A NSW family has been left reeling after circumstances that saw them have to load their dead grandmother into a panel van in order to have her death certified.
Elizabeth O’Kane, 71, died peacefully at her daughters home in the NSW Lower Hunter Valley on Tuesday night, after a long battle with cancer.
Unfortunately, circumstances that followed her death resulted in a traumatic experience for her family and an undignified final farewell to the grandmother of 29.
Ms O’Kane’s family attempted to summon a doctor to the family home in order to certify the 71-year-old’s death, but were told repeatedly that it was not possible, and that they would need to transport her body to the doctor’s surgery instead.
The family were forced to place the body of Ms O’Kane into the panel van of a local funeral director, and transport her to a car park outside of the Market Place Medical Center in Rutherford.
It was here, on the side of the highway, and in full view of a supermarket and skate-park, where a doctor climbed into the back of the van and inspected the body of Ms O’Kane.
Sadly, the doctor mistakenly thought that he could detect a heartbeat, which lead to a second doctor being called outside to the van to verify the woman’s death, and finally bringing this debacle to an end.
Ms O’Kane’s daughter Anna described how she felt her mother would have viewed the events on A Current Affair. “ I think she would be mortified that she was carted around in the back of van at the doctor’s convenience,” she said.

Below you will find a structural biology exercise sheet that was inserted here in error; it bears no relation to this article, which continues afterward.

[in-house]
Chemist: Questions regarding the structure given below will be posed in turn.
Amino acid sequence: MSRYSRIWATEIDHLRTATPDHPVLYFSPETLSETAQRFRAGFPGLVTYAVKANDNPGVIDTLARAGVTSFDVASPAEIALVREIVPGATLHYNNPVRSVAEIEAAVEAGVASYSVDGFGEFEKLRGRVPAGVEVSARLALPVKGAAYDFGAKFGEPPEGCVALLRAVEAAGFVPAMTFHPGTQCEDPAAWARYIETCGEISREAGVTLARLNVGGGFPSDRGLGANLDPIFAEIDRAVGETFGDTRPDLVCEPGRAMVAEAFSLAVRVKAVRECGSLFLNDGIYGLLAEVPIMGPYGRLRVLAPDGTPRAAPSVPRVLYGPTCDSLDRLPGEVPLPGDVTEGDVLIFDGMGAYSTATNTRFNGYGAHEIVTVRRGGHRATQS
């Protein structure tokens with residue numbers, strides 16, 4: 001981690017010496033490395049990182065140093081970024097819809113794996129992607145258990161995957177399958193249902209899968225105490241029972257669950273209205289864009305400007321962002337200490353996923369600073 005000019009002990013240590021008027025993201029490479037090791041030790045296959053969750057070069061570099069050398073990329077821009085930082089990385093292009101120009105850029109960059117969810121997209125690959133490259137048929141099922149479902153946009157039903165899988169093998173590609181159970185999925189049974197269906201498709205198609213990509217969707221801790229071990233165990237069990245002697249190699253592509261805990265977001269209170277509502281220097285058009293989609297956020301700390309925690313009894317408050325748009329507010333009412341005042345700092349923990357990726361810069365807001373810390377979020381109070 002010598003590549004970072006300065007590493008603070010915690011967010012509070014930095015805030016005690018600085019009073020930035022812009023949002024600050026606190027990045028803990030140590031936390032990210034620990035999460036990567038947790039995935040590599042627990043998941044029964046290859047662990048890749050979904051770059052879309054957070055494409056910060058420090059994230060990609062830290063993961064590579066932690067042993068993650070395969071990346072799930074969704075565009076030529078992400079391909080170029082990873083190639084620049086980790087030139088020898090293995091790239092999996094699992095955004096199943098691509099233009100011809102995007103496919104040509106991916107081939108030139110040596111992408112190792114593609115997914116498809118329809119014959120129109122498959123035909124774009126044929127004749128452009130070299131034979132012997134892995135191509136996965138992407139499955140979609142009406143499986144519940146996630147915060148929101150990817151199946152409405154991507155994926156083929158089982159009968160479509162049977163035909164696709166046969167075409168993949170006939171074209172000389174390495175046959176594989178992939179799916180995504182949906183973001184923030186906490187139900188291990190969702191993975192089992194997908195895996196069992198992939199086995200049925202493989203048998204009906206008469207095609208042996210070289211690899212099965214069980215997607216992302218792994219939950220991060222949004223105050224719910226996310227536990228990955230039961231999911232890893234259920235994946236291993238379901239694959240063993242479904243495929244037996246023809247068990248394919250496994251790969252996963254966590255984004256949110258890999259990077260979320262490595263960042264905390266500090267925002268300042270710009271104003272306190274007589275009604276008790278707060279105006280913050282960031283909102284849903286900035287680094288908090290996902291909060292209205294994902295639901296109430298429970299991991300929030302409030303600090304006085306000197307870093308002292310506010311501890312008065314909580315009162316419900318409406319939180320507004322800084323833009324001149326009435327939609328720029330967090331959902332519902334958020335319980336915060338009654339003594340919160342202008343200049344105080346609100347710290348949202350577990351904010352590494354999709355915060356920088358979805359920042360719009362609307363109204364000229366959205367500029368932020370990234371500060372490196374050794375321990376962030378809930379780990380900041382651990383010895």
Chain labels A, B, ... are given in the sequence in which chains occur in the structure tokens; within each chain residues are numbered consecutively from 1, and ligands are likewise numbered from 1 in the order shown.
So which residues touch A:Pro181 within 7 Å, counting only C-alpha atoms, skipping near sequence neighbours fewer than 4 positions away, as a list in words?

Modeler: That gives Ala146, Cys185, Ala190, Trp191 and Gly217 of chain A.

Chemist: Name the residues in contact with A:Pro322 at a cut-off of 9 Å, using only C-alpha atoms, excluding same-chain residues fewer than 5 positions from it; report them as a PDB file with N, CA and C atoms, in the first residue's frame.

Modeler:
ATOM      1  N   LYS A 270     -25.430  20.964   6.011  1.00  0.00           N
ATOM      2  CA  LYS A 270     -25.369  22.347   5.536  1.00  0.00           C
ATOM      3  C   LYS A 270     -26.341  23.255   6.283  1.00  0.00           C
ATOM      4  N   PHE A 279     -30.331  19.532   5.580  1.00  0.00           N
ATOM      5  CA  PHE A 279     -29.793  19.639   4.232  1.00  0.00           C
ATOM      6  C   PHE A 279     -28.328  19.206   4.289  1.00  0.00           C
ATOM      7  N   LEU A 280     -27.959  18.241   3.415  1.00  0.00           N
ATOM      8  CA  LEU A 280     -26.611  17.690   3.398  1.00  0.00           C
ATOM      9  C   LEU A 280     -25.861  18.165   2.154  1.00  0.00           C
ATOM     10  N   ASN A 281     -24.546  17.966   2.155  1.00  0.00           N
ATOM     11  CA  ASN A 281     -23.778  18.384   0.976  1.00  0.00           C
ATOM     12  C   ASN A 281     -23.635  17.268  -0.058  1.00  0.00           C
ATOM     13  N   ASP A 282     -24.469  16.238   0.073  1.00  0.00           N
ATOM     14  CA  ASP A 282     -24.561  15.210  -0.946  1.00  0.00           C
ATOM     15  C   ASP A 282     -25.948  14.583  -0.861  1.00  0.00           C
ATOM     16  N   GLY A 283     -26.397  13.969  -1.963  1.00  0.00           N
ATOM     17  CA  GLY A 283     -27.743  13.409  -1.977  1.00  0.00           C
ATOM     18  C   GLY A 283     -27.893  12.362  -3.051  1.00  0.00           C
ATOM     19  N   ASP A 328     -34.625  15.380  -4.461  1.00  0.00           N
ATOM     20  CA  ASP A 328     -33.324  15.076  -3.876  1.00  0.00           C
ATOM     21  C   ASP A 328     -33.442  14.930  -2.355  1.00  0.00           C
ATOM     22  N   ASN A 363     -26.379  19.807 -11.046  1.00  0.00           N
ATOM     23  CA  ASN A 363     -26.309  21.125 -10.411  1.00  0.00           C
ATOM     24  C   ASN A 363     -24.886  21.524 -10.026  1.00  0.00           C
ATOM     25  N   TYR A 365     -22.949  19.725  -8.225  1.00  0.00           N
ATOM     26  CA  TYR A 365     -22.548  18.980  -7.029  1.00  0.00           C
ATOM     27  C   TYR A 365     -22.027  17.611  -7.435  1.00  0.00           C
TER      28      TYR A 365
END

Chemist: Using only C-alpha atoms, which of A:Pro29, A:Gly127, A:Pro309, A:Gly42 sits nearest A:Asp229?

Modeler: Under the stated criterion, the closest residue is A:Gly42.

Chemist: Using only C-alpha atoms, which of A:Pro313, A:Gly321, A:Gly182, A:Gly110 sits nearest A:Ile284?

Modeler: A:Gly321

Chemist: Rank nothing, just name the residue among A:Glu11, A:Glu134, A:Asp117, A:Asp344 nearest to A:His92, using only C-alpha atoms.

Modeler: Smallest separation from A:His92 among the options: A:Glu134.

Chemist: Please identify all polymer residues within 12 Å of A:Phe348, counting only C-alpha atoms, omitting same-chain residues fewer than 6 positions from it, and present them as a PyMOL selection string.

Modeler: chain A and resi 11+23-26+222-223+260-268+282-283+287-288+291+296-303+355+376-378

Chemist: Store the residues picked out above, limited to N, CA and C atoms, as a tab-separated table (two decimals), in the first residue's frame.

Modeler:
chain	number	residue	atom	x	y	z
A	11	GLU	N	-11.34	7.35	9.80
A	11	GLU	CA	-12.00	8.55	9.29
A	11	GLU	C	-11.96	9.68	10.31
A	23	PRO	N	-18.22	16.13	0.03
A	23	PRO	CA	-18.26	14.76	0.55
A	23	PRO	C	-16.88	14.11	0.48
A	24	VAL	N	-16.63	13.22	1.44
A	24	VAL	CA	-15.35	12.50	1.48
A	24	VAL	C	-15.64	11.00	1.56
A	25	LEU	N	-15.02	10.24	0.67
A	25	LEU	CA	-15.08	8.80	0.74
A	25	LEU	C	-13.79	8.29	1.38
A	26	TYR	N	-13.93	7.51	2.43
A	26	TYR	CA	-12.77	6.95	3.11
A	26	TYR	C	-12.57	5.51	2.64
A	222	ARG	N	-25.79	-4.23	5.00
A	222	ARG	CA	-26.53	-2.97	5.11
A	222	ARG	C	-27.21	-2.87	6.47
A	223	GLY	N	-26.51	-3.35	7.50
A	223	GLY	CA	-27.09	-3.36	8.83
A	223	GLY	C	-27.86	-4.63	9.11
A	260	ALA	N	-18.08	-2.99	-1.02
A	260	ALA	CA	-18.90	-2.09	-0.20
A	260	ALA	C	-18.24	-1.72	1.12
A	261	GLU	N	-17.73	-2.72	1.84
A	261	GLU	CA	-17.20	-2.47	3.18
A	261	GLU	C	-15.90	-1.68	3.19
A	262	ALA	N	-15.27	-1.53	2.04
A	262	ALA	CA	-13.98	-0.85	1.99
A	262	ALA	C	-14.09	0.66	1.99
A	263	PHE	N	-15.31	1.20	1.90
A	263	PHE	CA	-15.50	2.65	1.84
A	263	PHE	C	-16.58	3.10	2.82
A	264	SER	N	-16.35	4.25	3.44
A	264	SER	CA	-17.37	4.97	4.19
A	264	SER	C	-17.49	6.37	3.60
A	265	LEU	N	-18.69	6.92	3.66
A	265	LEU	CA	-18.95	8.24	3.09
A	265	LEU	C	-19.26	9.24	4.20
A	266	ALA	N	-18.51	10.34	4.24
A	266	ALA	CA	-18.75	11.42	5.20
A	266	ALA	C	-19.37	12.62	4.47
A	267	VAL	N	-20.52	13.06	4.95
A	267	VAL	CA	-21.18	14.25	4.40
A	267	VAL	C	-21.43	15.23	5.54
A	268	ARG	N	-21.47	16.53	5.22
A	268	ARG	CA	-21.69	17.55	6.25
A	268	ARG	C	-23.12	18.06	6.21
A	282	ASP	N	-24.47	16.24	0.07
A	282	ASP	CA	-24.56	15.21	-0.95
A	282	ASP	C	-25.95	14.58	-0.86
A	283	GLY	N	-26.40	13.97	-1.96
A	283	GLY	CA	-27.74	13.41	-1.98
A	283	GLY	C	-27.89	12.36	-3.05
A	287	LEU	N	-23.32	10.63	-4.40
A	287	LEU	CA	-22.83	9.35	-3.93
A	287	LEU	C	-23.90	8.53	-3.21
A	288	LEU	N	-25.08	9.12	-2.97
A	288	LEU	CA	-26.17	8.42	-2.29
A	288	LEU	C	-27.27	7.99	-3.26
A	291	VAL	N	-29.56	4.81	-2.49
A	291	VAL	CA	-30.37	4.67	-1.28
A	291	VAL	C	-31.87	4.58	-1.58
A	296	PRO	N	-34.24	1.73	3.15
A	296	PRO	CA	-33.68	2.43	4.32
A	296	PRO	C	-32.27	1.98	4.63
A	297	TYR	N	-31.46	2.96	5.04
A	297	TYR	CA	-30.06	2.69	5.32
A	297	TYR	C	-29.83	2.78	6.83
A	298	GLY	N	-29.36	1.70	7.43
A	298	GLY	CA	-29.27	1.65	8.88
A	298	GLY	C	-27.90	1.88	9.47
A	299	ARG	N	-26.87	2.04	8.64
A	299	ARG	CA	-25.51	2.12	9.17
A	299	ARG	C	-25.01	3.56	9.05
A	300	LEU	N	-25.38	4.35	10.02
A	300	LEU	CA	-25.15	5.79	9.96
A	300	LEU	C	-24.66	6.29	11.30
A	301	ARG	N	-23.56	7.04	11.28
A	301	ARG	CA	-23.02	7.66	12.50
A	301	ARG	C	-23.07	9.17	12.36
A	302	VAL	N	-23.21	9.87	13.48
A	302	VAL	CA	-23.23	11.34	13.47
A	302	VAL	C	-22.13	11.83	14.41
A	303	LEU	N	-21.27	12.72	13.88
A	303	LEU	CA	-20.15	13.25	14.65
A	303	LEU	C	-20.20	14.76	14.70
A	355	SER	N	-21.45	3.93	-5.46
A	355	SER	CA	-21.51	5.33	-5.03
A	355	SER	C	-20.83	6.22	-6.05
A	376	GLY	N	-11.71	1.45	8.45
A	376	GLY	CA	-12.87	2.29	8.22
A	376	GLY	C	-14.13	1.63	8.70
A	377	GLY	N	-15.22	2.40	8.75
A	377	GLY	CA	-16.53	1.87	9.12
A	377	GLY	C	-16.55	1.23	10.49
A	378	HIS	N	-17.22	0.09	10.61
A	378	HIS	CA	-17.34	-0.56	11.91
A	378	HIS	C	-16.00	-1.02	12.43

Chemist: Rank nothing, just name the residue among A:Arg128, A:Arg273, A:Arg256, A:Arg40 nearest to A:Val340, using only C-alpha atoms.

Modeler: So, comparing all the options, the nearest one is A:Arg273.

Why Did This Happen?
In Australia, 80% of us are now electing to be cremated.
In all Australian states, If a person dies at home or in a nursing home, a doctor, nurse or paramedic, are all able to certify a death, but in NSW, a GP must sight the deceased in order to complete the cremation paperwork.
This specific need for doctors verification has resulted in a shocking number of these types of incidents occurring in the state of NSW on a weekly basis, resulting in Australian families who are trying to grieve, having to endure a humiliating end to their journey with a loved one.
In this case in particular, Ms O’Kane’s grandson, Josef Krausert-O’Connor, said that the family had arranged for his grandmothers normal doctor to come over when she died to certify her death.
Unfortunately though, her doctor was in Sydney at the time of her passing, and he happened to be the only GP from the local practice who made home visits.
As horrifying and rare as this incident may sound initially, Michael McKay from the NSW Funeral Directors’ Association told A Current Affair that he actually saw 7-8 deceased people a week treated in the same way as Ms O’Kane.
The story of this harrowing ordeal also caught the interest of Ms O’Kane’s family’s local MP Jenny Aitchison, who has since taken this case to NSW parliament.
Speaking on A Current Affair, Ms Aitchison said that Ms O’Kane’s case was ‘the most shocking and abhorrent thing I have ever heard.’
She then added: ‘It’s not the right way to treat those who have passed. We should make sure we honour family’s loved ones and not just toss them aside.’
It’s hard to fathom that demoralising incidents like these are occurring frequently on Australian shores.
Especially when you consider that fact that every state except for NSW has legislation in place that expands the number of people able to legally certify death, thus, making verification of death more readily available to grieving families.
The process after death can be a particularly difficult for families of the deceased, and all Australians require legislation that should make the legalities surrounding these situations as easy as possible.
We only get one final goodbye, it should always be a dignified as possible.